Started in partnership with Dr Devi Shetty, the Mazumdar-Shaw Cancer Center (MSCC) in Bengaluru has 1,400 beds and provides affordable cancer care that relies on economies of scale and early-stage diagnosis. To encourage affordable innovation, she also supports scientists and research clinicians at the Mazumdar Shaw Centre for Translational Research (MSCTR) and at the Koch Institute of Integrative Cancer Research at MIT, Boston.
Shaw has also adopted a large number of Primary Health Centres (PHCs) in rural India to transform them into technology-enabled telemedicine centres that can bridge the burgeoning gap in medical resources.
3. PNC Menon
“With my pledge, I hope to inspire others from India and all corners of the world to partake in philanthropy. Based on my experience, the act of giving creates a degree of happiness that is immeasurable, and I am fortunate that my wife and children share in this belief.” – PNC Menon
In 1979, a 27-year-old college drop-out from Kerala left for Oman with just a few hundred rupees in his pocket. Today, he is among the richest men in India. With such an inspiring rags-to-riches story, its not surprising that PNC Menon (founder of Bengaluru-based Sobha Developers) believes its “his responsibility to use his wealth to help less fortunate ones”.
The real estate tycoon has undertaken a multitude of social initiatives at human development through education, health, employment, water, sanitation, housing and social empowerment. For instance, Sobha Academy works to provide education, clothing, food and shelter to the disadvantaged children while Sobha Vocational Training Centres provide skill training in vocational occupations to underprivileged youth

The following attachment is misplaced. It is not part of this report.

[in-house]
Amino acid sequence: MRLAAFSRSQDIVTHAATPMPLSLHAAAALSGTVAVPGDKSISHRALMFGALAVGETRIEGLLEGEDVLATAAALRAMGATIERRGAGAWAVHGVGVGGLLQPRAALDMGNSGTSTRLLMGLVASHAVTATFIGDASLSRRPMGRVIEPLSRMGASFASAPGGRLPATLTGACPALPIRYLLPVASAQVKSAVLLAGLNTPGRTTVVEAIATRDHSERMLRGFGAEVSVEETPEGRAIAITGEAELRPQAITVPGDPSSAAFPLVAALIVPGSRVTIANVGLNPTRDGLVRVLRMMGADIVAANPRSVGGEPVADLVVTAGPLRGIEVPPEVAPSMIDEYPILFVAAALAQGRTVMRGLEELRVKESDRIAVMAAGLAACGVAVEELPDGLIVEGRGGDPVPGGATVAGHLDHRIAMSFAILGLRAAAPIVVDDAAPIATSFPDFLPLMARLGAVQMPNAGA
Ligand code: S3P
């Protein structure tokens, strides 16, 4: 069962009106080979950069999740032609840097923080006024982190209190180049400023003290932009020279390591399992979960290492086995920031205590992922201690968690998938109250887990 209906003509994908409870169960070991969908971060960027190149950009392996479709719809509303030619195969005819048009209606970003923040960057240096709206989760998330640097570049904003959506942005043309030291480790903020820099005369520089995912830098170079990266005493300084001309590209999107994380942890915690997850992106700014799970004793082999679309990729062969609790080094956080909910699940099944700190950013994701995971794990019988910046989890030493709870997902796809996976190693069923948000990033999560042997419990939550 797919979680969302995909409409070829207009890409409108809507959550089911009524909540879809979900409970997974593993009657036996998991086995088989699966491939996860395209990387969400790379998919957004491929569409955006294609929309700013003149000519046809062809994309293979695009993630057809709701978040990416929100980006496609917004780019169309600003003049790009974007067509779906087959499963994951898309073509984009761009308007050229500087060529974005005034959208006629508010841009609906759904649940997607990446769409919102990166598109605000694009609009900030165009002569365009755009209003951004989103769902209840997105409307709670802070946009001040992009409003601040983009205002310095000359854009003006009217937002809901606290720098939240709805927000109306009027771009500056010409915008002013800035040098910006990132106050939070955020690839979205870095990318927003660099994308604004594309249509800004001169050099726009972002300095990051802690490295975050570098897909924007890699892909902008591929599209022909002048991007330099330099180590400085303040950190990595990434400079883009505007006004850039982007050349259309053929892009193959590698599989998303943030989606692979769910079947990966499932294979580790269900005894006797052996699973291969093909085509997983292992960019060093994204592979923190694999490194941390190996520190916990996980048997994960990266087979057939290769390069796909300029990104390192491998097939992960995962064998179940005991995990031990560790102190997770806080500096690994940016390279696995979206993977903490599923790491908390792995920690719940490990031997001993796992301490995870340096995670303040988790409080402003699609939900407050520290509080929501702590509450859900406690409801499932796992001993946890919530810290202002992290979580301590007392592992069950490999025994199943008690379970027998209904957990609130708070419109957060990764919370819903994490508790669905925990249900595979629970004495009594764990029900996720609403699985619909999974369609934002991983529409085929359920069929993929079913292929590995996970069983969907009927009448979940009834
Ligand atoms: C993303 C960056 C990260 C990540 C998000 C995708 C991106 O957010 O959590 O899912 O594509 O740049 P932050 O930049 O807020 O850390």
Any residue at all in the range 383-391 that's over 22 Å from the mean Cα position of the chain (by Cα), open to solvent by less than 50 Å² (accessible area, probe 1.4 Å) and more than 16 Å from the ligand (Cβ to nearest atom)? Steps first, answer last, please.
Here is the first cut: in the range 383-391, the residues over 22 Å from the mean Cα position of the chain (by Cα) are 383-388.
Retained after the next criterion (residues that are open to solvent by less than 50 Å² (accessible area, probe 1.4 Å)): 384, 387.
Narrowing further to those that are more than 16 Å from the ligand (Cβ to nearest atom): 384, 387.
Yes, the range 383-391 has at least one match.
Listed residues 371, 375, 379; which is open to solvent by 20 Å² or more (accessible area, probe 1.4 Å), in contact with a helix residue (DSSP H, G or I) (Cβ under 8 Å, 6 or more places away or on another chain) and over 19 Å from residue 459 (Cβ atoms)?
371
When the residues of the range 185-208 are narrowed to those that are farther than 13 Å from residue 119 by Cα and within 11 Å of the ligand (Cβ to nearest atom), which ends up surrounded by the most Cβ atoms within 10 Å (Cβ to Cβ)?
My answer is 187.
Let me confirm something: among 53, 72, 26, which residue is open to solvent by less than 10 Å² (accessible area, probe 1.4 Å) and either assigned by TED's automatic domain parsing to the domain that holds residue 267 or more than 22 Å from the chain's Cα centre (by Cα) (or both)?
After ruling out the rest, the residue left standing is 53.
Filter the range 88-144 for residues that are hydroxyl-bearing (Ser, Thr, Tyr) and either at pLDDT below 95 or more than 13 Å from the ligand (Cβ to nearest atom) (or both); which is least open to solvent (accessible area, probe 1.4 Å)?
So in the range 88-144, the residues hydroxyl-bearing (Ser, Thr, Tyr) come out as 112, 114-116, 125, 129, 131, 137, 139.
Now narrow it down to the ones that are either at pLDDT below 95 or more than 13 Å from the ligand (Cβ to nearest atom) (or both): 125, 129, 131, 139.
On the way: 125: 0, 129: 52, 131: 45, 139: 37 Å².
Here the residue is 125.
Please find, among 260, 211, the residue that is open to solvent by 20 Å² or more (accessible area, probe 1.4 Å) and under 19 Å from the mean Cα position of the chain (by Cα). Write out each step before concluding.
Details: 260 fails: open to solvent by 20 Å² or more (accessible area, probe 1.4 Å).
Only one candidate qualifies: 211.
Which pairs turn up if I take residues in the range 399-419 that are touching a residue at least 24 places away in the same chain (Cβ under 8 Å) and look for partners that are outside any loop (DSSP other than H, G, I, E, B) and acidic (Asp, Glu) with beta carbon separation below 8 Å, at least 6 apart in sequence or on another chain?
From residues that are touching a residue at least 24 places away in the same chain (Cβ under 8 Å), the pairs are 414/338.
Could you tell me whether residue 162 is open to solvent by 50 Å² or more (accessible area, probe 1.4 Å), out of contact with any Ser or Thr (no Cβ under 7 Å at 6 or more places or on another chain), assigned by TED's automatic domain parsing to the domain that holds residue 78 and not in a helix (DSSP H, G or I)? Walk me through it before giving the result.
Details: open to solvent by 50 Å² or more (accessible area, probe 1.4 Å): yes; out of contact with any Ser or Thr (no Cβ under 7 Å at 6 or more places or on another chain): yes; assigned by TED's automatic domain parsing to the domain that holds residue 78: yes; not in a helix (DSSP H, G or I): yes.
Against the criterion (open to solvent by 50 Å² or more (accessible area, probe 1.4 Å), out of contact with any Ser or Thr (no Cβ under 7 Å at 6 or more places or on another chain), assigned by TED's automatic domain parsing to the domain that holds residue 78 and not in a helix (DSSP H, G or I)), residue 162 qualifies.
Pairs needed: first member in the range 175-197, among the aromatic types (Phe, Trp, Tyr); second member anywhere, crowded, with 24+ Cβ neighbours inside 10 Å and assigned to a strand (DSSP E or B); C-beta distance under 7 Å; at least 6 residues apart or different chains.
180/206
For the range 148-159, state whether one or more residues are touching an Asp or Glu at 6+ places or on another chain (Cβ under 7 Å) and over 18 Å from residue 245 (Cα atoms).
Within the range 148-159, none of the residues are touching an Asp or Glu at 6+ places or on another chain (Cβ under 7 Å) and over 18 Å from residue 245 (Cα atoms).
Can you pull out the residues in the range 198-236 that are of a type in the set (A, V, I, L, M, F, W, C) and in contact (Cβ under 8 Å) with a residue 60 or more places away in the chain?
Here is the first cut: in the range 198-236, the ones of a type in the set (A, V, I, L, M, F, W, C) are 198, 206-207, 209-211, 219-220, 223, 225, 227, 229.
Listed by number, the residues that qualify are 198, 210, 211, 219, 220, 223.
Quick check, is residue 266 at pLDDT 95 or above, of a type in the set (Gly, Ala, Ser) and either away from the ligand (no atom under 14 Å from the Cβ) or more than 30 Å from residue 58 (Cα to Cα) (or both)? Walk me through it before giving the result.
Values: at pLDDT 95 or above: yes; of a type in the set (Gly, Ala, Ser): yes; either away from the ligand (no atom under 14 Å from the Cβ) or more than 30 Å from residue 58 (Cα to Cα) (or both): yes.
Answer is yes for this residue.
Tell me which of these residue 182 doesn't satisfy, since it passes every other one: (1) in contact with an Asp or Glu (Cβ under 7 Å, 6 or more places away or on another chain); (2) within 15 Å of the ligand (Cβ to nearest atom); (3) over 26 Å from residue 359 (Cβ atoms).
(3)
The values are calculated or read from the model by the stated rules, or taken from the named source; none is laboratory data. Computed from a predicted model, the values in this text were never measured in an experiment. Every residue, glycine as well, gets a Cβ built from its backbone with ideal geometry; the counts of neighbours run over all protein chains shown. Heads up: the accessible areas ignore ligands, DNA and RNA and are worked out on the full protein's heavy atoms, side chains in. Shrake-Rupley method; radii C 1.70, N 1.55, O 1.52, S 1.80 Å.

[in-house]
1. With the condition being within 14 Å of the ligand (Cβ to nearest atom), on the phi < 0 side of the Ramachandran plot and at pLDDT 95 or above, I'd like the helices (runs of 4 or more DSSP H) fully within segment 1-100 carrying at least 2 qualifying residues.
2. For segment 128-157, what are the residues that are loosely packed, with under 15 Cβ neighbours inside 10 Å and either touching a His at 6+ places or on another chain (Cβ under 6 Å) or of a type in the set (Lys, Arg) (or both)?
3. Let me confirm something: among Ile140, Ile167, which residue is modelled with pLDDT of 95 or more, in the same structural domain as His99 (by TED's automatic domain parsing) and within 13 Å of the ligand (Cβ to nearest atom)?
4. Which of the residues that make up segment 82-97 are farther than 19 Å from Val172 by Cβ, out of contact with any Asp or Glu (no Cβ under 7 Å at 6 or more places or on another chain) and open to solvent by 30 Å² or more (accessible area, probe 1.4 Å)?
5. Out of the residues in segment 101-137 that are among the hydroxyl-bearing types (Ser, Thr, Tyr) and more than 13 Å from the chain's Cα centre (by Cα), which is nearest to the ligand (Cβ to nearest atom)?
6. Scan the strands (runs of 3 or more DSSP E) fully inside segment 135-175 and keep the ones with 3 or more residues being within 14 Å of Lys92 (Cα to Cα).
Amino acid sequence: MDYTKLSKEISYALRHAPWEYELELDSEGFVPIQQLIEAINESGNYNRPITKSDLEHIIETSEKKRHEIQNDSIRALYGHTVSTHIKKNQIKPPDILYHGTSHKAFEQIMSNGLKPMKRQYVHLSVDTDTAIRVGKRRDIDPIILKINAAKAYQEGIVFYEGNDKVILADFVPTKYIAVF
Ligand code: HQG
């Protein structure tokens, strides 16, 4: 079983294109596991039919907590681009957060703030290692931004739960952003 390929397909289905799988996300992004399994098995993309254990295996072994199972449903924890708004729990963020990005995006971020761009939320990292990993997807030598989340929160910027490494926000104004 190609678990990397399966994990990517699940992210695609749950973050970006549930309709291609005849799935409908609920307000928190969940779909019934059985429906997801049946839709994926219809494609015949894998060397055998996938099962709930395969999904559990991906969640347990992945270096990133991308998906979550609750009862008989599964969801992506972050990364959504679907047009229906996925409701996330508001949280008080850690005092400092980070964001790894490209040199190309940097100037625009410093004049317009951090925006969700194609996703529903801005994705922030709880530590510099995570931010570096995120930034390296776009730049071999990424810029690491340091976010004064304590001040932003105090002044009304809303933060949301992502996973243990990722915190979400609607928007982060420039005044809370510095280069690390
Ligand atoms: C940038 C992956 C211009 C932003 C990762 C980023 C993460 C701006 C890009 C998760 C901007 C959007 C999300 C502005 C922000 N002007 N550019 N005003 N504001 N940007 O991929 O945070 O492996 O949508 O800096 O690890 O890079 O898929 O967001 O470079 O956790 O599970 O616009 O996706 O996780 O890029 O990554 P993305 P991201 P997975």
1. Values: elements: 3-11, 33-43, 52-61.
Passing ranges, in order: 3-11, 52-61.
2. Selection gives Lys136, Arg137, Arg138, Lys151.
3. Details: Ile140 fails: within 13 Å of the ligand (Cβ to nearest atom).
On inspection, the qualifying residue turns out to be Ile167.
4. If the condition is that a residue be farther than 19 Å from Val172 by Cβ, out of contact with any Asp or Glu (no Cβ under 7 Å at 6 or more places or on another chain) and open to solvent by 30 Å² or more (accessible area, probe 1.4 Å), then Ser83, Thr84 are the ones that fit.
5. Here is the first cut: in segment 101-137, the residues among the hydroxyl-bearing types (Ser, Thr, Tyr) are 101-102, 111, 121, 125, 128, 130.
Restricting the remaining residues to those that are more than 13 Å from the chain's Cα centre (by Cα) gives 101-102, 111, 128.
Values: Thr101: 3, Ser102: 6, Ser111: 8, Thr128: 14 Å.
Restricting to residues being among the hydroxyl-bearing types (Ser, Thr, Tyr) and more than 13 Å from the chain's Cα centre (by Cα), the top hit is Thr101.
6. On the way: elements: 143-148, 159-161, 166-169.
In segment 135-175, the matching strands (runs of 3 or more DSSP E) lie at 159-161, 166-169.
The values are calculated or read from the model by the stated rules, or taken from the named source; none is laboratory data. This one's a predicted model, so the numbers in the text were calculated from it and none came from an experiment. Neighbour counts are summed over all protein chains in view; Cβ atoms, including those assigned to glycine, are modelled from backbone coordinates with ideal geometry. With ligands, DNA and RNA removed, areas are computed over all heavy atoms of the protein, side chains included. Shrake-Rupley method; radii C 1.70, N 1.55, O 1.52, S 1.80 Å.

Menon has also adopted two economically backward panchayats in Kerala’s Palakkad district – Vadakkenchery and Kizhakkenchery – where he runs several old-age homes, educational institutions, healthcare centres and rehabilitation schemes for the downtrodden.
4. Nandan and Rohini Nilekani
“We thank Bill and Melinda for creating this unique opportunity to realise a moral aspiration inspired by the Bhagwad Gita – “Karmanye Va dhikaraste Ma Phaleshu Kadachana, Ma karma phalaheturbhurma Te Sangostvakarmani”. We have a right to do our duty but no automatic right to the fruits from the doing. It is critical that we do not slip into inaction fearing that we may not be able to reap direct reward. It is to this ideal that we pledge.” – Nandan and Rohini Nilekani
Known for their inspiring dedication to social causes, Nandan and Rohini Nilekani have been backing various philanthropic initiatives for nearly two decades. In 2014, the couple also founded EkStep, an ambitious non-profit initiative that uses open learning platforms (such as smartphones, tablets, apps and mobile gaming technology) to teach math and language skills to India’s underprivileged, school-age children.
Nandan has also given money to rebuild IIT Bombay’s hostel campus and established the Indian Institute for Human Settlements to find solutions for India’s urban challenges. Furthermore, Rohini’s efforts in founding Arghyam, a foundation focusing on water and sanitation issues, earned her a spot in Forbes Asia’s annual list of Asia’s Heroes of Philanthropy in 2010.
Both the Nilekanis have also zeroed in on media to support independent, data-oriented and unbiased publications. In fact, Rohini (a former journalist), along with Azim Premji, is among the top contributors to the recently formed Independent and Public Spirited Media Foundation (IPSMF) — a not-for-profit trust that funds independent media outfits that provide socially relevant content.